At the outset, one’s lips quiver, and the back becomes numb—not from physical exhaustion, but from a heart weighed down by sadness. A metaphysical chasm opens up between the shoulder blades, one that can’t be seen in a mirror but is felt nonetheless. The capacity to daydream anew is both difficult and crucial. Not everyone succeeds in doing so, and those who merely survive are crushed. As you ponder what lies ahead, your inner voice answers, „I see life or death,“ which is essentially true.
We must wait and see what the future holds, but after 10, 100, or even 1000 hours, the experience of war can bring a sense of freedom and authenticity. Living on adrenaline means we don’t waste time on trivial or unimportant matters. The urgency of the situation makes it easier to determine the true meaning and value of words and promises. It becomes apparent that something may never happen if it isn’t done now. During wartime, everything is measured against the risk of death, causing people and things to lose their grandeur and appear more realistic.
Subsequently, my anger solidified, but the metaphysical chasm between my shoulder blades remained. I began to see myself as a mermaid in the eyes of my Western colleagues. According to traditional folklore passed down by the older Hutsul women, a mermaid (or „mavka“ as it is known in the Carpathian mountains) appears as a beautiful naked woman until you notice her entrails lagging behind her. Her appearance is both captivating and terrifying, and it’s best for her to remain in her element, never venturing too far from the water or the forest.
During the first weeks and months of the war, I participated in numerous Zoom interviews with people from professional platforms worldwide who wanted to understand what was happening in Ukraine. I spoke to people on various continents and subconsciously felt like I was being perceived as a mermaid on the other side of the screen. When discussing the ongoing conventional warfare in Europe since 2014, I could tell that people found it hard to believe it was happening in a civilized country. Despite their sympathy, a Western colleague once even offered to send me pencils and paper because they assumed that all Ukrainian writers write in Cyrillic script that way. While my listeners listened respectfully, they found it difficult to believe that we were just ordinary people who happened to be living through surreal circumstances and were forced to make crucial and challenging decisions in a matter of minutes. When I mentioned famous artists like Magritte, Picasso, and Dalí and asked them to imagine living in their paintings under bombings and shelling, it was still hard for them to comprehend. It was as if what happened in Ukraine was meant to stay in Ukraine and not affect the rest of the world. However, it later became evident that this was a global war, and anyone with internet access would be indirectly involved. The radiation from this war would impact people’s minds and bodies for the rest of their lives, even if they were physically distant. Therefore, all sympathetic and thoughtful individuals, not just Ukrainians, must help structure the chaos.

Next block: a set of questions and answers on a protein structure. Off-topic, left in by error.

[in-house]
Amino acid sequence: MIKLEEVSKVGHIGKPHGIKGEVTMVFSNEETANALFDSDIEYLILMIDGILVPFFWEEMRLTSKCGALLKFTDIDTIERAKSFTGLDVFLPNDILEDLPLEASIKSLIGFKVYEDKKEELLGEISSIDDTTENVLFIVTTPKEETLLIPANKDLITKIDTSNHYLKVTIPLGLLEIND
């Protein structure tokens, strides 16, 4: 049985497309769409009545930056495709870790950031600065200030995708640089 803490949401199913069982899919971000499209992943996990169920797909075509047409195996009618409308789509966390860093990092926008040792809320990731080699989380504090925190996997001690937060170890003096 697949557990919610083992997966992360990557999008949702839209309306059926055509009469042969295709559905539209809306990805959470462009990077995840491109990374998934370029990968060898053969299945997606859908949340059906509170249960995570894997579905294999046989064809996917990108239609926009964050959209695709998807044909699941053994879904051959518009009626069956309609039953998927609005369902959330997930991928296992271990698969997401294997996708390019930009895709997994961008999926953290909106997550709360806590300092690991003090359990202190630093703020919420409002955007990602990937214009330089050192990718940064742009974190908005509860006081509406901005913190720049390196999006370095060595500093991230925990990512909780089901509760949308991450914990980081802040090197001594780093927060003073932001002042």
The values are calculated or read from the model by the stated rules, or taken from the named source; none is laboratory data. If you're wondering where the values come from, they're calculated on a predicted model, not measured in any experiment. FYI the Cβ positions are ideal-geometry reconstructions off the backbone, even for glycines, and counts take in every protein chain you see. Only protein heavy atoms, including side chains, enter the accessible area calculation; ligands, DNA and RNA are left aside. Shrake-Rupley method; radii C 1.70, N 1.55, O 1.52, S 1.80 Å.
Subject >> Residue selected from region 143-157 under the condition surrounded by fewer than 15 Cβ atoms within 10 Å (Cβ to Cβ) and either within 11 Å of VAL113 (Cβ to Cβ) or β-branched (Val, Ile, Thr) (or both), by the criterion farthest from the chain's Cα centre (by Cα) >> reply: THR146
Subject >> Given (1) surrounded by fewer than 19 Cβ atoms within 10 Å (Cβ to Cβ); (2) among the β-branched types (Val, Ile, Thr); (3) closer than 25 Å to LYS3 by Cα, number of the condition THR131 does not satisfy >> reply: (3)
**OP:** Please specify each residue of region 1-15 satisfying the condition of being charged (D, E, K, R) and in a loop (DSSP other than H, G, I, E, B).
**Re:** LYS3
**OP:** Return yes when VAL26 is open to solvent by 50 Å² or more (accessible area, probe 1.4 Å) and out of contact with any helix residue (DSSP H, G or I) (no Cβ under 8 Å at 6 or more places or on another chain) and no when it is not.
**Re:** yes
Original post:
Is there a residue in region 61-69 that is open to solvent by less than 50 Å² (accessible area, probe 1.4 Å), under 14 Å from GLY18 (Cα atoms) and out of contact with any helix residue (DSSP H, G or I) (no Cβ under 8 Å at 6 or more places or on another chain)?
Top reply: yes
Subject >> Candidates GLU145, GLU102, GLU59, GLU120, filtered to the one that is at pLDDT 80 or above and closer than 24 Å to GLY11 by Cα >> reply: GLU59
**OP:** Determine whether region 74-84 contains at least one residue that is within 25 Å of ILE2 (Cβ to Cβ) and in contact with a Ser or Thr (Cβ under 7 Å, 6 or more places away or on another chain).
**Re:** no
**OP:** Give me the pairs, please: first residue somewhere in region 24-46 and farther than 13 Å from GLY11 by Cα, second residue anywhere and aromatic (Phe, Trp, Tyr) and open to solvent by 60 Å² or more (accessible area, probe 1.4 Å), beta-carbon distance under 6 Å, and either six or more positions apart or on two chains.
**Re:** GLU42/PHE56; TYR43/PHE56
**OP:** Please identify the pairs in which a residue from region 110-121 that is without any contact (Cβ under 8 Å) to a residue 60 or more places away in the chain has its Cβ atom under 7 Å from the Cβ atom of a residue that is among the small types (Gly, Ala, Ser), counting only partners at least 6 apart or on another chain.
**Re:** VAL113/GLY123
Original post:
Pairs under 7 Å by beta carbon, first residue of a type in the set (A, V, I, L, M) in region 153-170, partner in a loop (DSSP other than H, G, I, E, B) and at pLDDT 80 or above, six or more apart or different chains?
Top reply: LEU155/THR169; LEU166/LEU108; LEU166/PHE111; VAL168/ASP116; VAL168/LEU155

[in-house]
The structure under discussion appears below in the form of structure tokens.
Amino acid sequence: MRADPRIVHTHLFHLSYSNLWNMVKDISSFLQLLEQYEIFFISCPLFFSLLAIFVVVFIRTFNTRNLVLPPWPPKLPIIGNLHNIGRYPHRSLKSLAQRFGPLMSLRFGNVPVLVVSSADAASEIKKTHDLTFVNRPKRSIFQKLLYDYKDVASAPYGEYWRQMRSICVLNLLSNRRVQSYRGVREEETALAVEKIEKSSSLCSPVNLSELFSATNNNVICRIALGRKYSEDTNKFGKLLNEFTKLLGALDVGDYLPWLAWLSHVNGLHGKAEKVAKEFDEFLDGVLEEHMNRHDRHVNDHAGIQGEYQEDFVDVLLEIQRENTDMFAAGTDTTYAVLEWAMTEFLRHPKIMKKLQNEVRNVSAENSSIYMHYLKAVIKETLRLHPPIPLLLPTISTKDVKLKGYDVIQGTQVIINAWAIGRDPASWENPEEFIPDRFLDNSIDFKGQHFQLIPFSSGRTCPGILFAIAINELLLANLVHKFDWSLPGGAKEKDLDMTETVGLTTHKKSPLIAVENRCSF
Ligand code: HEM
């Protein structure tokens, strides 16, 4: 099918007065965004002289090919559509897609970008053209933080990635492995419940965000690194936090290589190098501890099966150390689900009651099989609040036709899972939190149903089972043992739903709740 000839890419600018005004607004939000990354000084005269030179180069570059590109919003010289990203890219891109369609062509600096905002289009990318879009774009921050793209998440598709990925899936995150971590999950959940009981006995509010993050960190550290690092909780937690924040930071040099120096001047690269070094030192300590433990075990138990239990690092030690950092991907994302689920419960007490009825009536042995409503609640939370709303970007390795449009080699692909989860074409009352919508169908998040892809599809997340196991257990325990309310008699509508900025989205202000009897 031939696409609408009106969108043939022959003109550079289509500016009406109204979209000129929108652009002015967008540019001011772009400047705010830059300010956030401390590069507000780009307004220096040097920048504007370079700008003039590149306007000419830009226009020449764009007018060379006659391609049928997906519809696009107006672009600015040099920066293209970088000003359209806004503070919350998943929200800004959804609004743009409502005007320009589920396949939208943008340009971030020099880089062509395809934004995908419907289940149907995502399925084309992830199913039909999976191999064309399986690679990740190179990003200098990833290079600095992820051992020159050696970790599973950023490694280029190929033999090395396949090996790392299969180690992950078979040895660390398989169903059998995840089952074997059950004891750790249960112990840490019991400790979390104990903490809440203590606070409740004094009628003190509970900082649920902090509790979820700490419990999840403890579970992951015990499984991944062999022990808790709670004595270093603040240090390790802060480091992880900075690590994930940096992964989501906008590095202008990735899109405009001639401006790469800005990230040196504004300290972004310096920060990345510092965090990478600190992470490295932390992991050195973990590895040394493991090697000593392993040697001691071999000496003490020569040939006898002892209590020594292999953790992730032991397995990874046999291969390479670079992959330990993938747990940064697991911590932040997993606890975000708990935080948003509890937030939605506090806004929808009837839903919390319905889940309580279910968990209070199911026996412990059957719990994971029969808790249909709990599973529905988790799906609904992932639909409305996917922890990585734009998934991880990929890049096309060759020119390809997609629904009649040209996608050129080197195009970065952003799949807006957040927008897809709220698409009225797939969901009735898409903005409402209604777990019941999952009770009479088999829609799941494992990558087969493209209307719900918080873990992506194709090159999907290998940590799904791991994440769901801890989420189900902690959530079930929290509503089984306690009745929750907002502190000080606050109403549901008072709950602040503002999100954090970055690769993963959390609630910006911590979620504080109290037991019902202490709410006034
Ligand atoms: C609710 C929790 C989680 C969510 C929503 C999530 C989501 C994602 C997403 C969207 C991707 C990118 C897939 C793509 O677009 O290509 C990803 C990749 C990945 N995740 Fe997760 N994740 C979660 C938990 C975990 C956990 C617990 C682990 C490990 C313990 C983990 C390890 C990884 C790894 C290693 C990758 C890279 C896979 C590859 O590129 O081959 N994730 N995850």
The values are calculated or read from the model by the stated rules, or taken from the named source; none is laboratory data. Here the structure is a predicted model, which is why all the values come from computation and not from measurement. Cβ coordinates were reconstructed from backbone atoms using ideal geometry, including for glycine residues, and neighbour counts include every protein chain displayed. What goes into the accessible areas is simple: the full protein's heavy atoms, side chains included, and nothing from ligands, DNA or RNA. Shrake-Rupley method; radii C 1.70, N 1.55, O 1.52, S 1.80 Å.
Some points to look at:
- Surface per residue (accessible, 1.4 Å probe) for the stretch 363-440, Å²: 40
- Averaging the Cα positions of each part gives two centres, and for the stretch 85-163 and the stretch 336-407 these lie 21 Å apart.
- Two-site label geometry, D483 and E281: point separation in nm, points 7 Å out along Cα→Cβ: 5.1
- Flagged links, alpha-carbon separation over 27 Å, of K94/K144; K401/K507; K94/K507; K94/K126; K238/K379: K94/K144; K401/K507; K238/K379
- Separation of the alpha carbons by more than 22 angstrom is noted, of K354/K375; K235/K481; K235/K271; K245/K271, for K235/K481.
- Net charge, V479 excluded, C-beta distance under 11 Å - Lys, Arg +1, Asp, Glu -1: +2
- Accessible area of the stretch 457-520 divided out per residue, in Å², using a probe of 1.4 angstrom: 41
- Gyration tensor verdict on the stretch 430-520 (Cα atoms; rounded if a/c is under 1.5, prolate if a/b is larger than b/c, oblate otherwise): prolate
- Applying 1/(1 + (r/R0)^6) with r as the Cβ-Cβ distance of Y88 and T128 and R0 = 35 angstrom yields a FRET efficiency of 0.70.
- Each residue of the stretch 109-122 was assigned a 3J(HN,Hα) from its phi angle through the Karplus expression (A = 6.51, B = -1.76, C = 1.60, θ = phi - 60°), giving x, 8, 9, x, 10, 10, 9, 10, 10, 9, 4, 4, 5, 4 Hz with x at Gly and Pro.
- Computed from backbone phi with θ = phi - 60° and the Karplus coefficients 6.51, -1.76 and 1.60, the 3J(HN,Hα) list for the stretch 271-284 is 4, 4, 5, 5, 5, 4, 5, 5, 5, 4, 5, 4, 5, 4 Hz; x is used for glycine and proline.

From a distance, I could see the fear etched on the faces of those in positions of responsibility. It was a fear born of the knowledge that everything had gone awry and that something needed to be done, but not knowing exactly what that something was. On the other hand, the refugees and the injured bore a different kind of fear; a more disturbing fear conveyed that they had only a few options left, and all of them were bad. It was easier to interact with people who had grown weary of being afraid, those who had overcome their fear and understood that we were all amphibians now, swimming in the vast tragedy of war. We may be submerged in it, but we still manage to breathe the air above the war, the after-war air. The old and newly occupied territories now shared a common fate, and they realized that war was not their element, even though it had become their destiny.
We stand for the values of goodness and righteousness. Ukrainians are no longer merely victims of history; instead, we forge history from the collective power of ordinary people. We have chosen resistance and victory. The battles for Kyiv, Kharkiv, and Kherson were nothing short of miraculous, with the efforts of professional soldiers and volunteers who did not take up arms until February 2022, including rail workers, postmen, doctors, and teachers. Everyone who resisted and endured played a role. When my mother passed away on the night the clocks changed for winter, it struck me that she was born during one great war and was fated to die in another. The circle had closed, and the mourning process took on a new dimension. There isn’t a single generation in Ukraine that hasn’t been affected by the war, and that will be the case for the next two decades. No one will dismiss the wish for peace above their heads with a shrug of irony.
Mom had her special ritual of changing the clocks twice a year, and she enjoyed caring for the many clocks in our home. She had one in every room, even in the kitchen, so she was quite the expert on everything related to timekeeping and household utensils. When she passed away, I found myself hurriedly going through her things. As I held an old glazed bowl from Kosiv that was used for varenyky, I studied the intricate network of veins that ran across its surface. They were the result of cracks, as if the bowl had been reinforced with rebar. Although the interior was pockmarked with tiny scars, the exterior was flawless and smooth. Underneath the transparent glaze, it seemed like a tangled web had been caught or hidden, perhaps even frozen in time. I knew exactly where each crack led, both in my heart and Mom’s.
Translated by Yulia Lyubka and Kate Tsurkan